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It’s a big day for political insurgency in New Hampshire, according to a new survey of both party primaries by Democratic-aligned firm Public Policy Polling.

Donald Trump leads big among Republicans with 35 percent, followed way behind by John Kasich at just 11 percent, Carly Fiorina 10 percent, and 7 percent each for Jeb Bush and Scott Walker.

Furthermore, PPP even finds The Donald leading a variety of other candidates in potential two-way races — which would dispel the idea that Trump might lead merely because of divided opposition in a very wide field:

  • Trump 56 percent, Bush 33 percent
  • Trump 47 percent, Ben Carson 39 percent
  • Trump 53 percent, Marco Rubio 34 percent
  • Trump 53 percent, Walker 35 percent

On the Democratic side, independent senator Bernie Sanders from neighboring Vermont is ahead with 42 percent, followed by the national frontrunner Hillary Clinton with 35 percent; way behind them are Jim Webb at 6 percent, Martin O’Malley at 4 percent, Lincoln Chafee at 2 percent, with Lawrence Lessig — who recently formed an exploratory committee to support his candidacy as a referendum on campaign finance reform — now at 1 percent. These numbers are broadly similar to a separate poll from two weeks ago, which first showed Sanders taking the lead.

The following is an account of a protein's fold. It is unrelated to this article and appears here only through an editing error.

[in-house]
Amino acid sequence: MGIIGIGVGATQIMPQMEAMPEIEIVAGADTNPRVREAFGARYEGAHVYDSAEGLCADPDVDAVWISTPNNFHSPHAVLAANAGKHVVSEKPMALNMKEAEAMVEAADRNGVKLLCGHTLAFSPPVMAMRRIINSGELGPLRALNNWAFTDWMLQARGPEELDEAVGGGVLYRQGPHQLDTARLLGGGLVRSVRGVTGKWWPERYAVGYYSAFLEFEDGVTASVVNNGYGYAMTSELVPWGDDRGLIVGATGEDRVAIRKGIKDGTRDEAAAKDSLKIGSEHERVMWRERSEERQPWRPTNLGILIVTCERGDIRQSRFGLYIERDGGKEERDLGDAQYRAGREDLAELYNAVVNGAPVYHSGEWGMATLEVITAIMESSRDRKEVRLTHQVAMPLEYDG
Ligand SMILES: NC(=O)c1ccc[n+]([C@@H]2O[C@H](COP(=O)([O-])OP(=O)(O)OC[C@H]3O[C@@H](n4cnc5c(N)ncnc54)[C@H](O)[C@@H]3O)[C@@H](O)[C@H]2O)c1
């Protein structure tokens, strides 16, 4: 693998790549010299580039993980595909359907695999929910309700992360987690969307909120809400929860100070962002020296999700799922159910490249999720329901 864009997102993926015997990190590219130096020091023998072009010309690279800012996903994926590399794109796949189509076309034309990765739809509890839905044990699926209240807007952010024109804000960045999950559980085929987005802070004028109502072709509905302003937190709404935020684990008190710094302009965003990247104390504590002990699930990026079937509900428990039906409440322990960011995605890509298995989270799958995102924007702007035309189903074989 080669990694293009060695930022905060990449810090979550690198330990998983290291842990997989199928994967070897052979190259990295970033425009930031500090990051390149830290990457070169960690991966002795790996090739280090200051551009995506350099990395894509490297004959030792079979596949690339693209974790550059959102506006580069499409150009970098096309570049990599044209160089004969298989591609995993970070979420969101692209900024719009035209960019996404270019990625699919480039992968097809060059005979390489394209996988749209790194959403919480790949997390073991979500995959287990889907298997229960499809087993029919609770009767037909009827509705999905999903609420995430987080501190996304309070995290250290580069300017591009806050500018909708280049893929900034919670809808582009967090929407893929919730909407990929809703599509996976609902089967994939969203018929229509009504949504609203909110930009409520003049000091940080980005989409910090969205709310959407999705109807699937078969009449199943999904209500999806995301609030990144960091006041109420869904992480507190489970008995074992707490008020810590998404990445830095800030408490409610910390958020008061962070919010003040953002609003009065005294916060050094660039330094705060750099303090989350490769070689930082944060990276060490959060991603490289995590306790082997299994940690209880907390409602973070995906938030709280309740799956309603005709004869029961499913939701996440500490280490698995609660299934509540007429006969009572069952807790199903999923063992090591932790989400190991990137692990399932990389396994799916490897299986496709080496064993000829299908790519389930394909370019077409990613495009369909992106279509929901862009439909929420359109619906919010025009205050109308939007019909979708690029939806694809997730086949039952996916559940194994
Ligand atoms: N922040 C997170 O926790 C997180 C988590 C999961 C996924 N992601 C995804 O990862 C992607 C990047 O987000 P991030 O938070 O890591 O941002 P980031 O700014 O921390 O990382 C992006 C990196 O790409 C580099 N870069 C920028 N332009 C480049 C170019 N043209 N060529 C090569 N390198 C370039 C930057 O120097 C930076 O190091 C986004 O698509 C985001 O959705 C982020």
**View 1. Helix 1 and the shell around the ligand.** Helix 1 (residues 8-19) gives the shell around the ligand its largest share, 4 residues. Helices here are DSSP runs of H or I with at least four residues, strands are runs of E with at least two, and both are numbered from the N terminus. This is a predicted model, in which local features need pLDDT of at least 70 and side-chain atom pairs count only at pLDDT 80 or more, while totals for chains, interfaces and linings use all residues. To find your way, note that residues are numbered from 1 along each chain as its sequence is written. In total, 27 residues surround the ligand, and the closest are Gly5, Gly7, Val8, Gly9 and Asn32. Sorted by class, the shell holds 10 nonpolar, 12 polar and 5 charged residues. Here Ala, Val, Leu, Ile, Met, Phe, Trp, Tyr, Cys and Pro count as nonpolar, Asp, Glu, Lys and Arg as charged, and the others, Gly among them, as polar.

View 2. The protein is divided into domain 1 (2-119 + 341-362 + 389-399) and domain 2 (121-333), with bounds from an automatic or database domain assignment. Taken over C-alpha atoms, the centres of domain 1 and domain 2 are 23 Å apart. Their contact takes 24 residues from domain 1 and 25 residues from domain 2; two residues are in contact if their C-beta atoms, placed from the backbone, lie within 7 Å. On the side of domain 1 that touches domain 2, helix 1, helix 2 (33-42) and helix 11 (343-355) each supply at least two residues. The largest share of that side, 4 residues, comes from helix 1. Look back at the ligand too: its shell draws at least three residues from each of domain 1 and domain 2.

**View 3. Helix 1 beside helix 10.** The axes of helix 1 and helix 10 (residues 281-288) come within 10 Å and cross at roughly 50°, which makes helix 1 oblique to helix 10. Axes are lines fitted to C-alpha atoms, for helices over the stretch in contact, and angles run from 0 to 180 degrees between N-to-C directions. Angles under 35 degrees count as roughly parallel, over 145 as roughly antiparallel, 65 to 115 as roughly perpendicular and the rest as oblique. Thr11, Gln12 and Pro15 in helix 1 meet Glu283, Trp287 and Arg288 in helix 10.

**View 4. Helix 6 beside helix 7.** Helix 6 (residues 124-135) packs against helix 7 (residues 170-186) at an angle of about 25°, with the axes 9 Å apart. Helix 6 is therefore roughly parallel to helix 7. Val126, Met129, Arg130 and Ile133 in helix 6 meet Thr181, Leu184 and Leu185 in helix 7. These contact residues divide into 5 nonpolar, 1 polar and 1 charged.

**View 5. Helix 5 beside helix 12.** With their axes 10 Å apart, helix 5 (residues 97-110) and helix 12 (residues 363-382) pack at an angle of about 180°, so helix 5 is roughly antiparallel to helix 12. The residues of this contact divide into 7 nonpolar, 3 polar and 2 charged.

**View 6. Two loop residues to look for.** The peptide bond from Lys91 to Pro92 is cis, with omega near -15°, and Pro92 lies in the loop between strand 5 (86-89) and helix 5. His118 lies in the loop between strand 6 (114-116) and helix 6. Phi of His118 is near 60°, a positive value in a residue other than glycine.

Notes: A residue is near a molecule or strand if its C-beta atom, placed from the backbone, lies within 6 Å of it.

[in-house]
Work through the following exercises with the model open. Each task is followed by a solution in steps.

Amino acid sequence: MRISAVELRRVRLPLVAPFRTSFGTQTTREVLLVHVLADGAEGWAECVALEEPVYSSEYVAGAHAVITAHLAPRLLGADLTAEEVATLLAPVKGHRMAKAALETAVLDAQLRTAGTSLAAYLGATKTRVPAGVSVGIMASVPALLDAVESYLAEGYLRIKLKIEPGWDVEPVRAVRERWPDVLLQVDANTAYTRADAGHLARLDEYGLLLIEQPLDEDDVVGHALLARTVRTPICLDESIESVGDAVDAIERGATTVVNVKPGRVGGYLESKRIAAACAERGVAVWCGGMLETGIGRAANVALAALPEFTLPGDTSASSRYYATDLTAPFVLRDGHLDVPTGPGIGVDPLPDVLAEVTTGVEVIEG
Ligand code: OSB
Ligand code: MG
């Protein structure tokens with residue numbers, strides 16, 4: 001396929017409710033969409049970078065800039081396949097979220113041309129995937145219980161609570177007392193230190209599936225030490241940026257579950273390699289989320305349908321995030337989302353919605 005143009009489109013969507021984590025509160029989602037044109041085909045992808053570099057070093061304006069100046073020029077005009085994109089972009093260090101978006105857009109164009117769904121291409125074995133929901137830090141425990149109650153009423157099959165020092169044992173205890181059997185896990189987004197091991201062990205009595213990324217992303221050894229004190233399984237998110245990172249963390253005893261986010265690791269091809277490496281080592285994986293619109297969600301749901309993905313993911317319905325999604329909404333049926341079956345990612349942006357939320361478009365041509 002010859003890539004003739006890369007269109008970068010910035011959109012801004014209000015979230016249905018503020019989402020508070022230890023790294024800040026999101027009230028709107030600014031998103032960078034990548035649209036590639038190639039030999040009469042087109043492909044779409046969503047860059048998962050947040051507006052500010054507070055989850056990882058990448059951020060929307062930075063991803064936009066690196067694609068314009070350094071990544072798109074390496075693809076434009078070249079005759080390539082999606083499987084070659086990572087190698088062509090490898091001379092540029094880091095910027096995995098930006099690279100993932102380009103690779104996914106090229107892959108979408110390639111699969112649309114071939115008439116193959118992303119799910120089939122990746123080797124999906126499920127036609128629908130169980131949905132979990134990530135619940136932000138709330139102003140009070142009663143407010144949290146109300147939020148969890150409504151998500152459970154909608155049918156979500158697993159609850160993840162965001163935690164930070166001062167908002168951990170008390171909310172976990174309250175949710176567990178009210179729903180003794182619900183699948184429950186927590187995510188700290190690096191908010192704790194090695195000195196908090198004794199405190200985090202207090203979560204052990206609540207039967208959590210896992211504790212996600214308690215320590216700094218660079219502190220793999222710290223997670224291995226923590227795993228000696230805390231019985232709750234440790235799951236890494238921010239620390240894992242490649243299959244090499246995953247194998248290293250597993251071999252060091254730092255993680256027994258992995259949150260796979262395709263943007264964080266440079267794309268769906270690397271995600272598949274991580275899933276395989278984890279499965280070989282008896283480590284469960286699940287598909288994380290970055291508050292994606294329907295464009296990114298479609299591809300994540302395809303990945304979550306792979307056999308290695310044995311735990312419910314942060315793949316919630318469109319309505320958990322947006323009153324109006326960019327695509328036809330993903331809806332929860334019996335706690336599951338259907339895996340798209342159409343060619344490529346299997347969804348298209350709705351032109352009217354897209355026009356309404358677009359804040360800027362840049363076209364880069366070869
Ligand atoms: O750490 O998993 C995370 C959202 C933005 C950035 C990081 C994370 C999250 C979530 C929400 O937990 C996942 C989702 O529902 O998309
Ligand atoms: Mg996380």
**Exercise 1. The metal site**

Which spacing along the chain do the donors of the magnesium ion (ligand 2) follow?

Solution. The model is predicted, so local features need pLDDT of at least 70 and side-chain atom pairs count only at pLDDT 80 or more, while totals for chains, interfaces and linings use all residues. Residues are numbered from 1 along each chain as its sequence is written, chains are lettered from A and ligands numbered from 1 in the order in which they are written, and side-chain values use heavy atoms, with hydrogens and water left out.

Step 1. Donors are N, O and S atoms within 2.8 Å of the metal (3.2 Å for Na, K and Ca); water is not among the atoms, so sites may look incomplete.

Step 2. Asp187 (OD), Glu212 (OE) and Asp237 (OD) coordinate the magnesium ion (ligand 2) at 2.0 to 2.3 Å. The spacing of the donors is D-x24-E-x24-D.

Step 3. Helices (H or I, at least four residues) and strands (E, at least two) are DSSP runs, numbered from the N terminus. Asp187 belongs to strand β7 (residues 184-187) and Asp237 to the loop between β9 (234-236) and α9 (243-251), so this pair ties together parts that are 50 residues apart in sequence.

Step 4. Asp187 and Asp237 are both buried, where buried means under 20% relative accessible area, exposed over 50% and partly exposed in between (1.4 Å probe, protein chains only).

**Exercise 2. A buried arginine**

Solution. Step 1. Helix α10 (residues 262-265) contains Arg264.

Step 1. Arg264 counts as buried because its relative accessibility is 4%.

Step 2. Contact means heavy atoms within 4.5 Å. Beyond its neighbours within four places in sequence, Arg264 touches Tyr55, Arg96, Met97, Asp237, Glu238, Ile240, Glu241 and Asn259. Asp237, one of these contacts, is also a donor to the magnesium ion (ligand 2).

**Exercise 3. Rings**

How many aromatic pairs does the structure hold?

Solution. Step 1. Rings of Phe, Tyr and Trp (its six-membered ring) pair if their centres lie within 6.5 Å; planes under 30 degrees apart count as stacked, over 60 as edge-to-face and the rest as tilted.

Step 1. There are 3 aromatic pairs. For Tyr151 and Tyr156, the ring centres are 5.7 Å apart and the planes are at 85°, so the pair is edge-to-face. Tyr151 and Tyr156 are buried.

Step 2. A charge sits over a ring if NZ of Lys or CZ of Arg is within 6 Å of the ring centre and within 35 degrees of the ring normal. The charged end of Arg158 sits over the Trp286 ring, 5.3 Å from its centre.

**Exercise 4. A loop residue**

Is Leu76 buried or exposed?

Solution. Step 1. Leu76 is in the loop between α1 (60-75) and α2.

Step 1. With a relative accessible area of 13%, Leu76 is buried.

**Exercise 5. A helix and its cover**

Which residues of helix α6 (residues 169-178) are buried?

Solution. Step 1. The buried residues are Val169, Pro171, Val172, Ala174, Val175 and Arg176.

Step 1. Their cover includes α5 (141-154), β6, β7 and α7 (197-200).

Photo: U.S. Republican presidential candidate Donald Trump greets the crowd in the overflow room following a campaign town hall meeting in Derry, New Hampshire on August 19, 2015. REUTERS/Brian Snyder

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Jeff Danziger lives in New York City. He is represented by CWS Syndicate and the Washington Post Writers Group. He is the recipient of the Herblock Prize and the Thomas Nast (Landau) Prize. He served in the US Army in Vietnam and was awarded the Bronze Star and the Air Medal. He has published eleven books of cartoons, a novel and a memoir. Visit him at DanzigerCartoons.

Roe V. Wade being overturned can impact midterm elections

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The fate of abortion rights is now in the hands of voters after the Supreme Court on Friday overturned decades of settled precedent in its ruling in Dobbs v. Jackson Women's Health Organization that abortion is not a right under the U.S. Constitution.

Now that state legislatures are able to pass bills that restrict abortion, the outcome of elections for governors, attorneys general, and state lawmakers will determine whether abortion remains legal and how draconian bans will be.

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